Excerpt from Roger Ebert at the Chicago Sun-Times located HERE

As directed by Michael Chapman, the superb cinematographer whose credits include ''Raging Bull'' and ''Taxi Driver,'' ''All the Right Moves'' is by no means a bad film or a disingenuous one. Its sense of place is distinct, its acting convincing and its sentiments feel sincere. But for all its air of realism and grit, the film has a fairy-tale quality. It's also full of racial and sexual stereotypes, from the black football players who are better dancers than their white teammates to the coach's wife whose woman-to- woman chat with Lisa is rich with feminine intuition.

Tom Cruise, who starred in ''Risky Business,'' makes Stef honest and believable, though in Stef's hotter-tempered scenes Mr. Cruise seems overly mild. He's better at suggesting Stef's worried, tentative side and his boyish bravado than at conveying the discipline and determination through which Stef hopes to succeed. As the coach who becomes Stef's antagonist, and who has his own ambitions of bidding Ampipe adieu, Craig T. Nelson is a daunting and effectively mysterious figure here, someone whose motives are only partially explained by Michael Kane's screenplay.

Excerpt from Janet Maslin at the New York Times located HERE

Image :    NOTE: The below Blu-ray captures were taken directly from the Blu-ray disc.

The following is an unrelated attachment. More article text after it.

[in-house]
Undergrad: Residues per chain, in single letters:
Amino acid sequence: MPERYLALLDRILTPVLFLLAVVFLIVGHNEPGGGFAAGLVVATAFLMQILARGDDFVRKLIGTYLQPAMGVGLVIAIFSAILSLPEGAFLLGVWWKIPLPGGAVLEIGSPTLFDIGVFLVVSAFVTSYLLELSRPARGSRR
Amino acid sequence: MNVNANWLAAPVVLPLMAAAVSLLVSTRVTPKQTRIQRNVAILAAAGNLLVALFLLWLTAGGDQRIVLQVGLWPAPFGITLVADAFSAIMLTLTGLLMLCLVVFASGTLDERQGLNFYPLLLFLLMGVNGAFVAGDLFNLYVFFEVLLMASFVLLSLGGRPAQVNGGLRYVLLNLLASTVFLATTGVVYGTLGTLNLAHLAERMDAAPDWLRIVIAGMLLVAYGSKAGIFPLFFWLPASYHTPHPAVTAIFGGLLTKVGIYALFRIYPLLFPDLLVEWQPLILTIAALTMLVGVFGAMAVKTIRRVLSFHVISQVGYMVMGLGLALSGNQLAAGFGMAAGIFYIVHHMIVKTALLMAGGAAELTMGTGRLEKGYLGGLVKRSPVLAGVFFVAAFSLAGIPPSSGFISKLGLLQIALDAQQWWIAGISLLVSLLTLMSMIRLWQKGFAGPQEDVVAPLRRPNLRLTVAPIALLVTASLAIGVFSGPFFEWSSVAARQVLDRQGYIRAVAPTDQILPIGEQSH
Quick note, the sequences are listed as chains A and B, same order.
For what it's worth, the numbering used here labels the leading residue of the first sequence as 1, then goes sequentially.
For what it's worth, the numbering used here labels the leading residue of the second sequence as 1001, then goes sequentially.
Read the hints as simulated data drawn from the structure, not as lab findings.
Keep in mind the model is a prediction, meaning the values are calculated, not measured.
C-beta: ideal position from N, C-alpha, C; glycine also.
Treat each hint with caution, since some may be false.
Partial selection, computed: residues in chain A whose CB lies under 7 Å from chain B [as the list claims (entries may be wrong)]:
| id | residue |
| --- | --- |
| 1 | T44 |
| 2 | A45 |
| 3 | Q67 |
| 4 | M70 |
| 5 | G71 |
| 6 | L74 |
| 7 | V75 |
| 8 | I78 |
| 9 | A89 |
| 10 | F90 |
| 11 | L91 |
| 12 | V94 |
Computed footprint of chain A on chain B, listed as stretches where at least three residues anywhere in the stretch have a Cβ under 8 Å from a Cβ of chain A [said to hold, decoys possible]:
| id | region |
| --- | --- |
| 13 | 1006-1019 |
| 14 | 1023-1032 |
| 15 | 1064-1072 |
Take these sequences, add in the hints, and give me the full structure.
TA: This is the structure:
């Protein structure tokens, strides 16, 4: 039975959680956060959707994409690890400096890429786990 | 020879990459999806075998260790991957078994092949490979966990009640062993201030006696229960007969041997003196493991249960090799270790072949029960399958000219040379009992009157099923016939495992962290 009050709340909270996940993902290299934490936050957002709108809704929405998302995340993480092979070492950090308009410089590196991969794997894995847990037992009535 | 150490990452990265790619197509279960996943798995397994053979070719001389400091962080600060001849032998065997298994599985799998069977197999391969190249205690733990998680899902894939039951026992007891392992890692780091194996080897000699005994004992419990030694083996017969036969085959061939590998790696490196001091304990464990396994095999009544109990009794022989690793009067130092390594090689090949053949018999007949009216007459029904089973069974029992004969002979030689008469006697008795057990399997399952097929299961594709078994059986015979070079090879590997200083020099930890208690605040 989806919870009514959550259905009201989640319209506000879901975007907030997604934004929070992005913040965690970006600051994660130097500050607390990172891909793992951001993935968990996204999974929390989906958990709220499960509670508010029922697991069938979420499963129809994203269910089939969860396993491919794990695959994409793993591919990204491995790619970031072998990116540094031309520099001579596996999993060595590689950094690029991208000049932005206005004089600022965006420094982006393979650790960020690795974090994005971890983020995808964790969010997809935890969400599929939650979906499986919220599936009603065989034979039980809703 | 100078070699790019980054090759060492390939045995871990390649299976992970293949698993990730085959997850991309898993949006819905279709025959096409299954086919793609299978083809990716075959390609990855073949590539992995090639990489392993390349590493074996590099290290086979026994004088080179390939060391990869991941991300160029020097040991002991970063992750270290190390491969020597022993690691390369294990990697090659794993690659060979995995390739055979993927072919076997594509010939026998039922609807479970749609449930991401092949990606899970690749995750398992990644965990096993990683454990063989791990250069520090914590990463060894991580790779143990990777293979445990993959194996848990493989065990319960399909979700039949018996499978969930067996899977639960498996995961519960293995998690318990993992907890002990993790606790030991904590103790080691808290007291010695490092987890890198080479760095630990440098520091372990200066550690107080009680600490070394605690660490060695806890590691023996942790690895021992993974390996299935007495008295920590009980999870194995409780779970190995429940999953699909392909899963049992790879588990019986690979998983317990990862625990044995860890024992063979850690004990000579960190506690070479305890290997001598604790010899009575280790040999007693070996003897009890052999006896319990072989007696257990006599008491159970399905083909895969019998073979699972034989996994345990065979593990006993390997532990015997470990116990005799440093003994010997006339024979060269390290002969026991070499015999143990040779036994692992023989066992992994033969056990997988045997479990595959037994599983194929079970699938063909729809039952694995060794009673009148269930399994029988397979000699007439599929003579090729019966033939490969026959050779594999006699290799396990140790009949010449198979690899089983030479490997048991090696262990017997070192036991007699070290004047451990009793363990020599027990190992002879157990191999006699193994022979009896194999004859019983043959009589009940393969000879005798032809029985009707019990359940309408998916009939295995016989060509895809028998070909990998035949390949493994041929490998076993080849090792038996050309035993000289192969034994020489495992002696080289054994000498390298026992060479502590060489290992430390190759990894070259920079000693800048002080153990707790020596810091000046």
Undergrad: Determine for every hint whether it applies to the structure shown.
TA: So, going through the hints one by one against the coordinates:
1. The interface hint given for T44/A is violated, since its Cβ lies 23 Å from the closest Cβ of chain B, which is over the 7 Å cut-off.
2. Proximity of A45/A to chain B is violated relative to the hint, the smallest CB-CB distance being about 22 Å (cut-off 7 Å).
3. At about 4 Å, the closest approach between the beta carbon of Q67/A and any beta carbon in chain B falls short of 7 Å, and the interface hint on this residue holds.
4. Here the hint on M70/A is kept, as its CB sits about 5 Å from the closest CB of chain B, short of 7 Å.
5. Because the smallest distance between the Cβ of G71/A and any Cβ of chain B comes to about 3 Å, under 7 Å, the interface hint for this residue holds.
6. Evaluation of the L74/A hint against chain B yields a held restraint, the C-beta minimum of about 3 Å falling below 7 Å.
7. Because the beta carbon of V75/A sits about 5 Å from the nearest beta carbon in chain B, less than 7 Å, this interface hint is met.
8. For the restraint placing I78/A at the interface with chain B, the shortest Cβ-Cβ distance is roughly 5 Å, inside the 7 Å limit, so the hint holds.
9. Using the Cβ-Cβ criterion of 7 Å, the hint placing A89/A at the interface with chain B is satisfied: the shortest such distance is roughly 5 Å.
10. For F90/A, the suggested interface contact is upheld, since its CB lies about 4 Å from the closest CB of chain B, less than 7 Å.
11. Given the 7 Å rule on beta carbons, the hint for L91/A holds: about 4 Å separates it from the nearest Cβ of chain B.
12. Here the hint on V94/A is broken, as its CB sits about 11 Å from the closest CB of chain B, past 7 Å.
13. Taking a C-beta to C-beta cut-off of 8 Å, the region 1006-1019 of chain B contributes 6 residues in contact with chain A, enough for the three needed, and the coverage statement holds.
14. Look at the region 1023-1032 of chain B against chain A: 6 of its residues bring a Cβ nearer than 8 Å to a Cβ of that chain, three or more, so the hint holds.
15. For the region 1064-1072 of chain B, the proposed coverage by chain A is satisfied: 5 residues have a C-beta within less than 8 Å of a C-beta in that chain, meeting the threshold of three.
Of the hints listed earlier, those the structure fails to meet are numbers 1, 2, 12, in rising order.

All the Right Moves had me scratching my head in the first few minutes as the image quality was inordinately weak but it soon settled down and appeared to continue to improve as it ran along. Fox are generally VERY competent in their transfers and this Blu-ray doesn't appear to have any manipulation and the source, aside from the opening credits, is immaculate.  The image quality shows some grit and minor grain. It probably looked quite similar to this theatrically over 28 years ago (can that be?).  This is only single-layered but colors seem brighter and truer than SD could relate notable in the yellow uniforms or Lea Thompson's red sweater. Contrast is likewise at a competent level for 1080P. Daylight scenes are more impressive but the darkness produces no undo noise. This Blu-ray gave me a decent presentation without much fanfare - still impressing in a few scenes hinting at depth.

















Audio :